Lambert eager to win automatic promotion

Paddy Davitt Norwich boss Paul Lambert is desperate to avoid a League One play-off lottery. Lambert has guided the Canaries to within four points of the automatic promotion spots ahead of Millwall's Boxing Day visit to Carrow Road.

Paddy Davitt

Norwich boss Paul Lambert is desperate to avoid a League One play-off lottery.

Lambert has guided the Canaries to within four points of the automatic promotion spots ahead of Millwall's Boxing Day visit to Carrow Road. (12.45pm)

The Scot insists City must now go all out to try and overhaul title rivals Leeds and Charlton after suffering end-of-season heartache with previous club Wycombe in 2008.


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“If you can get up, you'd take anything to get up,” he said. “I've been beaten with Wycombe in the semi-finals and it was horrible. But if that's the only option to do it then you take it. Ideally you want to get out at the first time of asking but if that's the next option, then you do take it. It's exciting for people. It's maybe not exciting if you get knocked out or you lose at Wembley, but first time of asking is what you want to do.

“It might not be fair in the aspect that a team who finishes third and 20 points ahead of somebody, and there's a team in 12th who have maybe have still got a chance of getting into the play-offs - and then it's a two game spin really. On those given days you can beat anybody. On any given day you can beat anybody. Over the course of the season is what really separates the better ones from the other ones, but on a two game spin anything is possible.”

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Lambert will demand tunnel vision from his troops over the festive period with his side looking to cash in on any slips ups from the top two.

“I never come in after a game and think how did they do?” he said. “Yes, I see the results when the games finish but we can't affect what happens at Elland Road or Charlton. All we have to do is try to win our own games. If we do that, then we see.

“I never bother with what's ahead of me at the minute until I think we can't mathematically do it. But I know it's in our sights so I never want to panic over it. It's not as if the league is going to finish on Saturday. If you ask me when we're only a game away and we're four off it, I'd say it's disappointing, but I've got other sides to peg back and there are loads of games that are going to throw up surprises here and there and that's what will continue to happen through the season. But they're well within our sights to try and peg them back.”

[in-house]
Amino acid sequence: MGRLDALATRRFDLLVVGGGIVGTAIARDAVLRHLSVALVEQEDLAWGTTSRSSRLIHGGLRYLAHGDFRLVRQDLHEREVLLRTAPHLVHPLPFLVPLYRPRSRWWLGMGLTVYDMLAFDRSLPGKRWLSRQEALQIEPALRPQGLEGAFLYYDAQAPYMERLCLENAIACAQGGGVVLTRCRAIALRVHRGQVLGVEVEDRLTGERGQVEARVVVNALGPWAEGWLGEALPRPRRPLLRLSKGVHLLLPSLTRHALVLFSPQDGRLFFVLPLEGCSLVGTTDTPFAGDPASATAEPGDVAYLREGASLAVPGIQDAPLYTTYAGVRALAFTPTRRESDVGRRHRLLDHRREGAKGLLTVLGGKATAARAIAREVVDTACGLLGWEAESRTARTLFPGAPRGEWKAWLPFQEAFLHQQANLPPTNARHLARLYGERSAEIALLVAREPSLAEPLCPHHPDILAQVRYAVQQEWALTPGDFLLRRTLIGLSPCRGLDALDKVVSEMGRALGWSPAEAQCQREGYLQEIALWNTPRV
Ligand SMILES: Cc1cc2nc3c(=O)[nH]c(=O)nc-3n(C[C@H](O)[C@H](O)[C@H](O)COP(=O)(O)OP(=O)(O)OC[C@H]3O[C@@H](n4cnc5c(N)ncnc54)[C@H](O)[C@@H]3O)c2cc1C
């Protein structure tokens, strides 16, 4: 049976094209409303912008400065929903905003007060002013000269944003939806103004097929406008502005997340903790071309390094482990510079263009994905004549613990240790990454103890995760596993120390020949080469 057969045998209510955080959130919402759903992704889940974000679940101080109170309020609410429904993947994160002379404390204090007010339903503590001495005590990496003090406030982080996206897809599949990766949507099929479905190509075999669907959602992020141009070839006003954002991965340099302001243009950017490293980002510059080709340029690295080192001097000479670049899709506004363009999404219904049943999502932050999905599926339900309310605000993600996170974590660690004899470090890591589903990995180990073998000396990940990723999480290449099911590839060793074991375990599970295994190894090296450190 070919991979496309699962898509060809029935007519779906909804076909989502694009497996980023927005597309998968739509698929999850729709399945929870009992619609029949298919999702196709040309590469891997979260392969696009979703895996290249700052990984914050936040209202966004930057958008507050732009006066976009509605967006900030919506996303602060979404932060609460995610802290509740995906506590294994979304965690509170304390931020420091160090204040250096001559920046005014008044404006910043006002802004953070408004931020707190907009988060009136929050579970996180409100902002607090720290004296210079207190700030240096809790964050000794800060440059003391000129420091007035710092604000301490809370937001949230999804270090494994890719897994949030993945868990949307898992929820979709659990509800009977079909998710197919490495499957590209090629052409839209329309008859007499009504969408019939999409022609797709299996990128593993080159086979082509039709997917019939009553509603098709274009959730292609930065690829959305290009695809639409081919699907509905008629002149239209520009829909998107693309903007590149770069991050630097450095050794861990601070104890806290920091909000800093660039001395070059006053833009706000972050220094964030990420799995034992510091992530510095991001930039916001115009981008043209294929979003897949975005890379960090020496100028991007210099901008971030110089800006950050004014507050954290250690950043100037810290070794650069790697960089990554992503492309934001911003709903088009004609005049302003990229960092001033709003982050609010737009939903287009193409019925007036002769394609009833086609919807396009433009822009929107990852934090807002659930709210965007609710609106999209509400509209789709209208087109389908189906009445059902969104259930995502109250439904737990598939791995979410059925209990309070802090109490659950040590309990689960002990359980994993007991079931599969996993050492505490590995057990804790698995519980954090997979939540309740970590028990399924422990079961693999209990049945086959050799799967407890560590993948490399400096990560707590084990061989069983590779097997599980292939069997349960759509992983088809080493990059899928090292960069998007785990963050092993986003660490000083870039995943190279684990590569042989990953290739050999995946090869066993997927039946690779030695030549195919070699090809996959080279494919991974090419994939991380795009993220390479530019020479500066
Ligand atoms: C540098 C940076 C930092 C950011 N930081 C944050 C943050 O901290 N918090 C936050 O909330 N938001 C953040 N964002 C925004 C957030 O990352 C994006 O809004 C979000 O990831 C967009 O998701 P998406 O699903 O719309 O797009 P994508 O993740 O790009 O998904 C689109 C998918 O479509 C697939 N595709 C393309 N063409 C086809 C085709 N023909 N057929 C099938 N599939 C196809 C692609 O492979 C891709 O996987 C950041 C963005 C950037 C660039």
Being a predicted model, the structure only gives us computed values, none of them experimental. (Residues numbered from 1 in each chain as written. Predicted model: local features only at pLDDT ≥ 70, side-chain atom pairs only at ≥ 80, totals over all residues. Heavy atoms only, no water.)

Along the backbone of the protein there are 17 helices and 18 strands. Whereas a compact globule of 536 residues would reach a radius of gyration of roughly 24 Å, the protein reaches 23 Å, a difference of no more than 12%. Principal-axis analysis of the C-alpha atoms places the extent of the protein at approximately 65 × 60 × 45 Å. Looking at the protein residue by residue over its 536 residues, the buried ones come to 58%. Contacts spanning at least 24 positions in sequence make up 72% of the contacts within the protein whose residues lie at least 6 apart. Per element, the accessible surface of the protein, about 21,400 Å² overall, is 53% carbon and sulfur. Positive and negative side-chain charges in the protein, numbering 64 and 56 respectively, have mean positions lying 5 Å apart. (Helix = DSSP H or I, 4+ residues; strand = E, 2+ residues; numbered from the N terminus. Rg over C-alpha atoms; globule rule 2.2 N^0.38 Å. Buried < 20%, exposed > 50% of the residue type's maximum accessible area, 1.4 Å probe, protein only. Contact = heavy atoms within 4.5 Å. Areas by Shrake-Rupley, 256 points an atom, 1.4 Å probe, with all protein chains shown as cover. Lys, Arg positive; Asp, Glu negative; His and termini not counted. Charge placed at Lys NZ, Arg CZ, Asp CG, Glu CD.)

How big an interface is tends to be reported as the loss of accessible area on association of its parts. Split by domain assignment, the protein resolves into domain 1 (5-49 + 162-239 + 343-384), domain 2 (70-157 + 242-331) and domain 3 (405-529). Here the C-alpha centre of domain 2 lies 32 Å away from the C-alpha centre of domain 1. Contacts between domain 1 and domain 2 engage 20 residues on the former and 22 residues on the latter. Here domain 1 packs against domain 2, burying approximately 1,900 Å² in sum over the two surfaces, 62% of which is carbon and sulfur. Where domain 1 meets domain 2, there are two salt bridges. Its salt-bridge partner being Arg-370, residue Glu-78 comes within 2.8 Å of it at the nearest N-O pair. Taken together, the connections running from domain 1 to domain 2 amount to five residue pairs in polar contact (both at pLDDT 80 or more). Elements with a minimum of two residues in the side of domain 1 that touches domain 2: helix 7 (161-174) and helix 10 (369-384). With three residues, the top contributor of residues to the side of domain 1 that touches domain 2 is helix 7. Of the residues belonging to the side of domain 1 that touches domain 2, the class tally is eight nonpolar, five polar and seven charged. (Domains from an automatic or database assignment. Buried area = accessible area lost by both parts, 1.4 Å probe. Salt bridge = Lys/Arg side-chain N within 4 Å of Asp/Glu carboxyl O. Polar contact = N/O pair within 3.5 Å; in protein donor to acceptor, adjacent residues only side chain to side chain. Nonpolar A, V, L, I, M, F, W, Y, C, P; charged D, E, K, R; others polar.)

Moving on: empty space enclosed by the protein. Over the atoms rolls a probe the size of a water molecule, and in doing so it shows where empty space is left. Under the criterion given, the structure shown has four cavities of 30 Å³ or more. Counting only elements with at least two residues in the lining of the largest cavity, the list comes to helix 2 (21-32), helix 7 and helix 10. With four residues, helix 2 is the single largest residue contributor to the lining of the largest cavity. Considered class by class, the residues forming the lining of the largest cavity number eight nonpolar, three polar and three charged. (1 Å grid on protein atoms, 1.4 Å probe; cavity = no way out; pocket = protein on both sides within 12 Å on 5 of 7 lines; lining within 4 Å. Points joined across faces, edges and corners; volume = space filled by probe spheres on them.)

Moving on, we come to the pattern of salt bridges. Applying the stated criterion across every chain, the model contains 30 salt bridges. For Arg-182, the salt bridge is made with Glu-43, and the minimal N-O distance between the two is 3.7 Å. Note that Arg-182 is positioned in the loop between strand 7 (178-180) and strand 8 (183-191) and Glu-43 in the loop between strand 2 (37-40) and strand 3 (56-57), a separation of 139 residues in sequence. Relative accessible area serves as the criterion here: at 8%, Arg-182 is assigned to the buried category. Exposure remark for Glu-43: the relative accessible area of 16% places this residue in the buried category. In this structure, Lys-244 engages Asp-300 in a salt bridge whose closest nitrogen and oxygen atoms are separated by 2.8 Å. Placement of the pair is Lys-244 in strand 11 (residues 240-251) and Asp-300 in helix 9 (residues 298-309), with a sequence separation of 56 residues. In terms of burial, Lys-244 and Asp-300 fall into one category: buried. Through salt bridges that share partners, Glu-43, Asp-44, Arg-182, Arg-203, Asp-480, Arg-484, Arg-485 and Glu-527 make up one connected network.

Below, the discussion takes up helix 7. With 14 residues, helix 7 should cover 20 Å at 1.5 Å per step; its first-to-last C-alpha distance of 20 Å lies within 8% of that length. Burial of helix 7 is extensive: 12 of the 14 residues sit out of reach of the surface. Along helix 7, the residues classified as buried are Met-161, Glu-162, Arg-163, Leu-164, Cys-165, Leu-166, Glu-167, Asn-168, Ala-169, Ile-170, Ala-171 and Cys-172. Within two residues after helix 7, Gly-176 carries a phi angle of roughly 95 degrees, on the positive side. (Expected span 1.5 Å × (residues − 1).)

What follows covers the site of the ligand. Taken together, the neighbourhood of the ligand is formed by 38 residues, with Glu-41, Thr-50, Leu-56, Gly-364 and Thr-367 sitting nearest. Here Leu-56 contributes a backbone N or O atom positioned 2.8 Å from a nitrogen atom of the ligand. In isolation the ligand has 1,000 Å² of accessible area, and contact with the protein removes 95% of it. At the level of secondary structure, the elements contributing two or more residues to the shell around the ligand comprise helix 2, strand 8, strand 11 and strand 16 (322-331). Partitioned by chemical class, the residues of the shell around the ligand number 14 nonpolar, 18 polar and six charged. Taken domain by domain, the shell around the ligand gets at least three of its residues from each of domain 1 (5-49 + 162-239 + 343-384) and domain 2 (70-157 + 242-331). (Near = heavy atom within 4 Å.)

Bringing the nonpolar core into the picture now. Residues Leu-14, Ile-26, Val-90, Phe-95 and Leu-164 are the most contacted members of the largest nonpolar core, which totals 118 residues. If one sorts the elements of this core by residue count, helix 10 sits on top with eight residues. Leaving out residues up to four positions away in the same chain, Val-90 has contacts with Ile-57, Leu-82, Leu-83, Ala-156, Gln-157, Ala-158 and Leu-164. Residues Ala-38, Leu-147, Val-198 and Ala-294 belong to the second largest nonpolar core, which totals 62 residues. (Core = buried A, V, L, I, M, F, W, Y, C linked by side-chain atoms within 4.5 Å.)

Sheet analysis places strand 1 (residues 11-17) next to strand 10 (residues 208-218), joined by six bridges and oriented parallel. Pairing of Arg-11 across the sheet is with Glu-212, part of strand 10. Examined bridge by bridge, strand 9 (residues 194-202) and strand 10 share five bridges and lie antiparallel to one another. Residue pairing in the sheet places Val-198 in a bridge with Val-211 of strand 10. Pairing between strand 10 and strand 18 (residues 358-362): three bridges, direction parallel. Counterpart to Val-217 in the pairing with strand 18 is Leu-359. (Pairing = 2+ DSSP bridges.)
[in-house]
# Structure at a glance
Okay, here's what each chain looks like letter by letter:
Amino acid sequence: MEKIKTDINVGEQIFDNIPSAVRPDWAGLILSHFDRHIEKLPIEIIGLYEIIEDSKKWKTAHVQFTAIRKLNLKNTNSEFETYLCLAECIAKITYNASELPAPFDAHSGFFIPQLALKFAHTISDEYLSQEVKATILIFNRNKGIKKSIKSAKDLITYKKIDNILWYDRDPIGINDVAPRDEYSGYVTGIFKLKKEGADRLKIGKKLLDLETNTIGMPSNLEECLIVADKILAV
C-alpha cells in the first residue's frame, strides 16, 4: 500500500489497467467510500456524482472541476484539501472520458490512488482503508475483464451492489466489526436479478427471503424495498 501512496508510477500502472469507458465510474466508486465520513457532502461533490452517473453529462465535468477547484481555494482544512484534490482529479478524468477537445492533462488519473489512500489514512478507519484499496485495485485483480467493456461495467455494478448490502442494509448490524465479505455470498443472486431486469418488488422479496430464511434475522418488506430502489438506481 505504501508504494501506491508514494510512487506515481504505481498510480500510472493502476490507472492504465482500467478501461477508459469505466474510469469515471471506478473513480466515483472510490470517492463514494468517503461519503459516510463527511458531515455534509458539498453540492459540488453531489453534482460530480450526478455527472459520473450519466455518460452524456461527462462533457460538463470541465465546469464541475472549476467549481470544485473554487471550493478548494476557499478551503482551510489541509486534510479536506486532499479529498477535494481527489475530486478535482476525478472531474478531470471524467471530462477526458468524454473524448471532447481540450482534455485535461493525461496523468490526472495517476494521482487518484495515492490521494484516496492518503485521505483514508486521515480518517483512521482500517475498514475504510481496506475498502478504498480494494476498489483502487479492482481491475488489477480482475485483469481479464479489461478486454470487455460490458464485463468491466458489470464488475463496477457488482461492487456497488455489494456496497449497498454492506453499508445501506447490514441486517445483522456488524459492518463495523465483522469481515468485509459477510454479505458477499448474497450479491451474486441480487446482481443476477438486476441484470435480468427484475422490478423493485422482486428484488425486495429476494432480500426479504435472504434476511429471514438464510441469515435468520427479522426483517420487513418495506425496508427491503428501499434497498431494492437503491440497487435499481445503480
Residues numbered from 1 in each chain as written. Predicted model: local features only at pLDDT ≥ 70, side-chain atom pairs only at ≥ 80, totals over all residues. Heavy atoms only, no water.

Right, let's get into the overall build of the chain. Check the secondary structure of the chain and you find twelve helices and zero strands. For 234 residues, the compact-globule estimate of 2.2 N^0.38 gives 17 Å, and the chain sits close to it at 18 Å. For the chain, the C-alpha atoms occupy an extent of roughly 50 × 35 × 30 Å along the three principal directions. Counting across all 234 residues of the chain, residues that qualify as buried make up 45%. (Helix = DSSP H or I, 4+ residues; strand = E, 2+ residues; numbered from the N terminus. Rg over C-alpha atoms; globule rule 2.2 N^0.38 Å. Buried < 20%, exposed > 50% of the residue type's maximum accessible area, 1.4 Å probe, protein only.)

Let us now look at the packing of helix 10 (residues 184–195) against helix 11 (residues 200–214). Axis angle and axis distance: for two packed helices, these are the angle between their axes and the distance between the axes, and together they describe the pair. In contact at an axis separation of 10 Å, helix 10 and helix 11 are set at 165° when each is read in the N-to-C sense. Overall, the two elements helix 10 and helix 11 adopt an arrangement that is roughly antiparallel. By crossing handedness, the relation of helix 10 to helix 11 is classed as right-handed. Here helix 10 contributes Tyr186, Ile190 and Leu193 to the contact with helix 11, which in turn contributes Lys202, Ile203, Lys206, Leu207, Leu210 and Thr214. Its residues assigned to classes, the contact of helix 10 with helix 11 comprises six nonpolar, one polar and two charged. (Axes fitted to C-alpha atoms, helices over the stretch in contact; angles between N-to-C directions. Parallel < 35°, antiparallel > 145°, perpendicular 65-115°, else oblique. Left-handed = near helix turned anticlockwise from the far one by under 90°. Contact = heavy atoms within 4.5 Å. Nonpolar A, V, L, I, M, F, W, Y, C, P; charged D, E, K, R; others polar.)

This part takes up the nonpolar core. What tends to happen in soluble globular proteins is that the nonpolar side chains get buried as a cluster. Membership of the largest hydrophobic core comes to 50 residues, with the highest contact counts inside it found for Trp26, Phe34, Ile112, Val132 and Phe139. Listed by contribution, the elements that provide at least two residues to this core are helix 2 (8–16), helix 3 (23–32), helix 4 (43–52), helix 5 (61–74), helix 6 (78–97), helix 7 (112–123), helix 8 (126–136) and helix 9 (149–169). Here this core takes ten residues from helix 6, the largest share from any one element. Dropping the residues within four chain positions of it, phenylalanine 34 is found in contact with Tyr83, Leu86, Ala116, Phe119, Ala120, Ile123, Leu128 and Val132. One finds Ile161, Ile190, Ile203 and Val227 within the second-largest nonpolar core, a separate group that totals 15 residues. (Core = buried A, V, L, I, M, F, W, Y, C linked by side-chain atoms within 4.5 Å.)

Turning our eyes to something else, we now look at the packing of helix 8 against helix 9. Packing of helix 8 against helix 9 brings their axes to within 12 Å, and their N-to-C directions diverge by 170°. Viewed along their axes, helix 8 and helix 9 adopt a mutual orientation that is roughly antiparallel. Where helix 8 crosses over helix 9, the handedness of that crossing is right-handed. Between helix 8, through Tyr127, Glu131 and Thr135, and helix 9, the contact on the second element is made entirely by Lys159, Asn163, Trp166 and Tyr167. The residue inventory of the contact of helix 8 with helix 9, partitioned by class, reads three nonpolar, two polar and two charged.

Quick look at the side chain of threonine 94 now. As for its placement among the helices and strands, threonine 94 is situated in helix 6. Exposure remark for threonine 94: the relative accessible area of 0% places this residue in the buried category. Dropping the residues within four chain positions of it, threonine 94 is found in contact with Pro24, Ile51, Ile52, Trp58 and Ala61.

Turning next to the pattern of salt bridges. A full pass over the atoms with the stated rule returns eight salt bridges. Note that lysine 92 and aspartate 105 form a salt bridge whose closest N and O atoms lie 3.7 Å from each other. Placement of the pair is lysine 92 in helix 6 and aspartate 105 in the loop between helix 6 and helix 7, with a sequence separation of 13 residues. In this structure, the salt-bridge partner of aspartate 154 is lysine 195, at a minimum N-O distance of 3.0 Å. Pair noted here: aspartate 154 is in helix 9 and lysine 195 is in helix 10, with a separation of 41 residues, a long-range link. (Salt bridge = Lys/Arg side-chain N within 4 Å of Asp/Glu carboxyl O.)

Lambert plays down the pivotal significance of a festive fortnight of fixtures - Millwall's Carrow Road visit the first in a quartet of league battles.

“I never look at one particular period being bigger than another because I just think every game this football club plays, it's got to win more games than not - whether it's home or away,” he said. “I never look at a particular period and think to myself, 'I've got to do this, X, Y and Z.' I never do it. I just think, 'win the next game,' and if you do that you go onto the next one and then the next one. That's the way I've always viewed it. There's no point looking two days ahead when you've not even taken care of the first one.”

Lambert insisted City's rejuvenated playing squad deserve all the plaudits for Norwich's turnaround since his arrival.

“The most pleasing thing is seeing the lads running for you and having a work effort, a desire to try and put themselves back up there,” he said. “That's really the most pleasing thing about everything, because we were there - we had one point, the negativity at the club and that whole feeling plus the Colchester result.

“All those things were against us, and that affects a bigger club more than a smaller club because of the expectancy level and the fans coming in their droves. That's the most pleasing thing to see happen to us. To see lads go from their and shooting up to where they are now.”

The Norwich boss admits 2009 has been unforgettable on a personal level with the lingering furore over his early season Colchester switch set to rumble on into the New Year.

“It's certainly been eventful,” he said. “It's been strange, being at Colchester one minute. I never expected this. Your main focus was on Colchester and trying to do well there, and then you get an opportunity to come here, which was only ever going to go two ways. You either couldn't get it up and running or you could do what you're doing.

“You just think football is a funny game at times. It takes you places where you think you'll never get, but that's the nature of the game. The unpredictability is a great thing. One minute you're there and you can be sitting talking to somebody else tomorrow. You just never know. But at the minute it's great the way the lads have done it. It's been eventful, I'll say that, but it's a brilliant football club to be associated with, that's for sure.”

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